LONDON (AFP) – Flagging European home-improvements retailer Kingfisher announced yesterday the departure of Chief Executive Veronique Laury, and signalled fresh closures of underperforming stores.
The company did give a precise reason for the exit of the Frenchwoman, who has been CEO at the London-listed company since late 2014.
“Kingfisher plc today announces that … a decision has been made to launch the succession process for the position of group chief executive officer,” it said in a brief statement alongside gloomy annual results.
“This will commence immediately. Veronique Laury fully supports the decision, and both she and the board wish to ensure an orderly transition.”
The owner of French chains Castorama and Brico Depot as well as Britain’s B&Q has more than 1,200 stores in 10 countries across Europe, Russia and Turkey.
In recent years, however, the group has been plagued by growing economic uncertainty and turbulent trading conditions in the retail sector.
Kingfisher revealed yesterday that annual net profit collapsed by more than half to £218 million in the group’s financial year that ran to the end of January. That compared with £485 million in 2017/2018.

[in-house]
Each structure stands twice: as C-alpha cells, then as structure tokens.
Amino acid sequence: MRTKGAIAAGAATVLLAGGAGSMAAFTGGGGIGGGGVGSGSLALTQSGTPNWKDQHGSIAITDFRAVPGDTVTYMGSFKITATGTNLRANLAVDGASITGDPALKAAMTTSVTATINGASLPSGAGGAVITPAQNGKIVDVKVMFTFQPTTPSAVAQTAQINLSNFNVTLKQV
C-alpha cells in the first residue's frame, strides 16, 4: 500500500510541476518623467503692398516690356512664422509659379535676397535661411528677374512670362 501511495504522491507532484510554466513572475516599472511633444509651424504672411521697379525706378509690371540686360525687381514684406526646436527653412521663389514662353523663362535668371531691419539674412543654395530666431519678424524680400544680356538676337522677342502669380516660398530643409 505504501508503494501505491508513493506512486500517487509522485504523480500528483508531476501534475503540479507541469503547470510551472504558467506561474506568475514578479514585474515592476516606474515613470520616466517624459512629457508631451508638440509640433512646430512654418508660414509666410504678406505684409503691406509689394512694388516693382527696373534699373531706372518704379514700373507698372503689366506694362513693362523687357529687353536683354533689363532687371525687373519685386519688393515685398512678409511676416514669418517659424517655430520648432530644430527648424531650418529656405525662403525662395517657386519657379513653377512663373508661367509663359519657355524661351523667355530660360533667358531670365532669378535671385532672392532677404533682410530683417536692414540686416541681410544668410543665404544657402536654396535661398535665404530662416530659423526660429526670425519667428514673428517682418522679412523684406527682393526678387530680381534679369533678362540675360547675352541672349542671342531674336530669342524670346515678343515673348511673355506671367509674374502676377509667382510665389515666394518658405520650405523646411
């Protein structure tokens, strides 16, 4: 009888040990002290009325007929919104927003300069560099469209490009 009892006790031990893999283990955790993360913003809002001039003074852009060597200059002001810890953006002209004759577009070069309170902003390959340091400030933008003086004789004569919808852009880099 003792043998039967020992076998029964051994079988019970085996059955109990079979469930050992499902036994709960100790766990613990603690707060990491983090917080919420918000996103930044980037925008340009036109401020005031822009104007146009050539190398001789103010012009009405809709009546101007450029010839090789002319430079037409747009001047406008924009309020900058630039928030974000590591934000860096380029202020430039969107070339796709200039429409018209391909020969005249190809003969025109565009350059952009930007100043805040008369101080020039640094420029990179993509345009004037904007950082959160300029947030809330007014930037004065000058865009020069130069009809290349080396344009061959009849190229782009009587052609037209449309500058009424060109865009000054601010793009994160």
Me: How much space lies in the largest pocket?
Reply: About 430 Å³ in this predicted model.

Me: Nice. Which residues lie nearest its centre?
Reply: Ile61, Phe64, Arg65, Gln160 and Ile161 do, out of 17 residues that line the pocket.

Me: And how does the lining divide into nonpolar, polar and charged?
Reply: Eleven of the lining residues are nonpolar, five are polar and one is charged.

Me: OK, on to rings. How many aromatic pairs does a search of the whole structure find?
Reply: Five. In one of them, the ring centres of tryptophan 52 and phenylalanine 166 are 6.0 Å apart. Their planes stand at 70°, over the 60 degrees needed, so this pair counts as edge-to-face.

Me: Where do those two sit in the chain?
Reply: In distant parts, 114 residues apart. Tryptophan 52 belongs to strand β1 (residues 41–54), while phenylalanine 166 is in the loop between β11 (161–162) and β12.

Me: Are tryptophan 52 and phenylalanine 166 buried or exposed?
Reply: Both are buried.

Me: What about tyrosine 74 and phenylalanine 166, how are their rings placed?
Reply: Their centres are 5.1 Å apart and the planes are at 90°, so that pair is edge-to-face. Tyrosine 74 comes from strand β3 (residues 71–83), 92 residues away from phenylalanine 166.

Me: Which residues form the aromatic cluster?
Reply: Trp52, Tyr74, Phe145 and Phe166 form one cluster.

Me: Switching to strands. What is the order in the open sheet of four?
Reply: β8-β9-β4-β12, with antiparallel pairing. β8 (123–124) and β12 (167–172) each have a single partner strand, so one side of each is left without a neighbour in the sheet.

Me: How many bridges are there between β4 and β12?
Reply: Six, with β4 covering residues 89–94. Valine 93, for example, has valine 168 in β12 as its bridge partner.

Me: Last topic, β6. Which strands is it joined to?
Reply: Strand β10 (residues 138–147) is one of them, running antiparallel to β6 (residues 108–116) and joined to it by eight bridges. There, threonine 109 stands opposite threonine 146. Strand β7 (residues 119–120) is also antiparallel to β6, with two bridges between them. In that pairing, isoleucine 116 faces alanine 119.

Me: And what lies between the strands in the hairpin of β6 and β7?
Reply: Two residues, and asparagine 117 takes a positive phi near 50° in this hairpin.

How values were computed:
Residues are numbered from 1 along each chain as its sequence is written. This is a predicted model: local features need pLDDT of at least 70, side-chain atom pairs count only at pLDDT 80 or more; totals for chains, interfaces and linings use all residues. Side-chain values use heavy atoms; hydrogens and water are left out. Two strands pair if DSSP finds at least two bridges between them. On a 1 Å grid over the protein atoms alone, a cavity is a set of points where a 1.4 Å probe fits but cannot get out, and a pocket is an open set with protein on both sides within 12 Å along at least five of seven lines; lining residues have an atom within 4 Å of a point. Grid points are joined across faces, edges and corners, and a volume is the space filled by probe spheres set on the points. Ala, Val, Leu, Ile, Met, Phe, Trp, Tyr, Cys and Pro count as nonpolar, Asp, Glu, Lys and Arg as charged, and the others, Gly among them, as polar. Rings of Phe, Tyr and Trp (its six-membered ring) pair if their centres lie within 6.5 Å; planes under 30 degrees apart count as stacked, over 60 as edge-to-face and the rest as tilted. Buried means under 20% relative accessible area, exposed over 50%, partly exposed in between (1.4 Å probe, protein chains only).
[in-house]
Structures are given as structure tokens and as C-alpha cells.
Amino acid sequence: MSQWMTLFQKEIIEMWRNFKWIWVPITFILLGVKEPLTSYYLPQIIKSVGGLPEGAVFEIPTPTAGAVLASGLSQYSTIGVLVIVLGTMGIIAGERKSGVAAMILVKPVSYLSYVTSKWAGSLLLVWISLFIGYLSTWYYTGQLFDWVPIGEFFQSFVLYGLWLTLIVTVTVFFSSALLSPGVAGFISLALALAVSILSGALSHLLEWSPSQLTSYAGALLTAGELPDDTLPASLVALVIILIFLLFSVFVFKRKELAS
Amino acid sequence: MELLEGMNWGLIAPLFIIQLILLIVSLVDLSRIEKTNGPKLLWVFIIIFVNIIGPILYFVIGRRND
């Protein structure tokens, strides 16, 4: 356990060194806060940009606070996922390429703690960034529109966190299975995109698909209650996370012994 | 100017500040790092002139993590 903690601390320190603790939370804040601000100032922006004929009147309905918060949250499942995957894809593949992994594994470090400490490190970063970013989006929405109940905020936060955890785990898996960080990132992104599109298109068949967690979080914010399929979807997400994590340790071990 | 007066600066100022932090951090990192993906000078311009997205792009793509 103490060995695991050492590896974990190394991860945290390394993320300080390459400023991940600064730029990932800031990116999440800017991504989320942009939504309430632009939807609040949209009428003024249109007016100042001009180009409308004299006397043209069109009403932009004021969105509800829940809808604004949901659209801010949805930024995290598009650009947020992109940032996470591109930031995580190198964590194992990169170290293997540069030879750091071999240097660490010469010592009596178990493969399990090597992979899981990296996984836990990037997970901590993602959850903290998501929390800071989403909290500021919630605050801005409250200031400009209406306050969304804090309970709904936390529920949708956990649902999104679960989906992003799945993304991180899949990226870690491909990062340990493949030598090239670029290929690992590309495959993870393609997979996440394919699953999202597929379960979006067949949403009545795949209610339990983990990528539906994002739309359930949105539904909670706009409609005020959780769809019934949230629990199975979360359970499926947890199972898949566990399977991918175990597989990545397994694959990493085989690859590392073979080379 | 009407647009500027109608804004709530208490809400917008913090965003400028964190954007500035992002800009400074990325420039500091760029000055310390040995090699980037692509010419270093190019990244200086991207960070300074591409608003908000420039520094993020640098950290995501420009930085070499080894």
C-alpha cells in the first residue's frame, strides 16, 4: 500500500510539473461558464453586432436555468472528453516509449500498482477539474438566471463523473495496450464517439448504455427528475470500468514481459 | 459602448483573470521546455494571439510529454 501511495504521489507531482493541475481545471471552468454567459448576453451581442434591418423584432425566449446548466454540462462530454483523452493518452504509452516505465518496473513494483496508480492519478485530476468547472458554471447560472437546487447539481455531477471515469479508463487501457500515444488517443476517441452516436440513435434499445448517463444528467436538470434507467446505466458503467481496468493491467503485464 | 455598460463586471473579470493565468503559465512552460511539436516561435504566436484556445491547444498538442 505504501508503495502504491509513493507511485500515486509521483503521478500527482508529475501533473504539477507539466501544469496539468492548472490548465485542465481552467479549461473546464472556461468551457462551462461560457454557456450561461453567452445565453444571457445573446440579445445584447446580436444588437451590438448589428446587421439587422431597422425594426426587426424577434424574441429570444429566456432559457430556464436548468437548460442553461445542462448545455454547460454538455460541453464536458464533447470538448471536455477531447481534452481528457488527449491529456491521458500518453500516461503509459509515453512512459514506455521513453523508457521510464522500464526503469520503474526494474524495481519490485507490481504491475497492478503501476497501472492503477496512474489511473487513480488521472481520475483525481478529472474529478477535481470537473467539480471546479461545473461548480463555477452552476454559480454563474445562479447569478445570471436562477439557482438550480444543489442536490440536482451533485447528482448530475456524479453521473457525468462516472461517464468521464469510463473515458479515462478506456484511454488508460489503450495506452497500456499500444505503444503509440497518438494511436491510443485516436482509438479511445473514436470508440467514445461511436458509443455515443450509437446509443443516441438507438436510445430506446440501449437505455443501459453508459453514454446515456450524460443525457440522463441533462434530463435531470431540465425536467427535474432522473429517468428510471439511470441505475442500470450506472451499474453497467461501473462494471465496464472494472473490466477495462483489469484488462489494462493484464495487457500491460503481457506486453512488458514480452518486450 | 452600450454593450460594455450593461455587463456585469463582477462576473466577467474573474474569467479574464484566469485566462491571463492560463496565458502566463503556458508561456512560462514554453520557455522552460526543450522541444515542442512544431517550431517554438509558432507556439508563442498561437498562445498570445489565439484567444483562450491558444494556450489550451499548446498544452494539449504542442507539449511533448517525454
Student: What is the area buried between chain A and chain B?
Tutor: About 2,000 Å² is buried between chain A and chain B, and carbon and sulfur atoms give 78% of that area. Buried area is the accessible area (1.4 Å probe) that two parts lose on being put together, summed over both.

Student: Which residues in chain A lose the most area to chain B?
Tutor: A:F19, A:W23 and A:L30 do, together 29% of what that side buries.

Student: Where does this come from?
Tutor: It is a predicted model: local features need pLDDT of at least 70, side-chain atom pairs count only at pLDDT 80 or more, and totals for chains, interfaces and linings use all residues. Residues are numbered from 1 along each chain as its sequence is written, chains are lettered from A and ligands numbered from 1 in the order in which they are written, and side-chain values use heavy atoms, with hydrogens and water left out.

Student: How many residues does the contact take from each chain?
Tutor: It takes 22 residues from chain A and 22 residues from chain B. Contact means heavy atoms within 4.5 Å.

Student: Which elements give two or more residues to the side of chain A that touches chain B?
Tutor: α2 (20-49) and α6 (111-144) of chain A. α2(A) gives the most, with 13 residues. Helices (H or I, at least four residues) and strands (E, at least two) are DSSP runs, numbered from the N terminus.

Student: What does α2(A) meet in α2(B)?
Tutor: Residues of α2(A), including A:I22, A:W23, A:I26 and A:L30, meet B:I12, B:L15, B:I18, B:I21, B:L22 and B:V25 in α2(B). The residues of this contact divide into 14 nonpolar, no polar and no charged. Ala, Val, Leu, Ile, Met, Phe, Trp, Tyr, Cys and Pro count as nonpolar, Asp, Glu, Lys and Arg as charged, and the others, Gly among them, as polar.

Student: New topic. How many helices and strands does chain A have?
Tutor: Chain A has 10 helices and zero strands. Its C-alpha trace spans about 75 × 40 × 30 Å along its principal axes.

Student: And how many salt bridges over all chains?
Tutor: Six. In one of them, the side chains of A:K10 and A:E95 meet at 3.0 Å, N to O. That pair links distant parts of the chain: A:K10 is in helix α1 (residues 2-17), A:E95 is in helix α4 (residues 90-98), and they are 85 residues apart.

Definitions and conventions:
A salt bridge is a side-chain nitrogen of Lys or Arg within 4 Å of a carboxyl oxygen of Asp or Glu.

Total sales churned marginally higher to stand at £11.7 billion. However, on a like-for-like basis that strips out the impact of new floor space, sales slid 1.6 per cent.
Late last year, Laury unveiled a drastic restructuring to re-focus on main markets Britain and France – and exit Portugal, Russia and Spain.
In an extension of the plans, Kingfisher said yesterday that it will consider closing 15 “poor performing” Castorama stores in Europe over the next two years. It will also shut 19 Screwfix Germany outlets.
“Castorama France has been disappointing and we are implementing a clear plan to sustainably improve its performance,” said Laury.
“We have achieved radical organisational and behavioural change across Kingfisher over the last three years,” she added.
“We’ve done this against the backdrop of rapid structural change in retail alongside high levels of macroeconomic uncertainty, which are ongoing.”
In early morning deals yesterday, Kingfisher stock sank 3.10 per cent to 237.70 pence on London’s benchmark FTSE 100 shares index, which traded flat.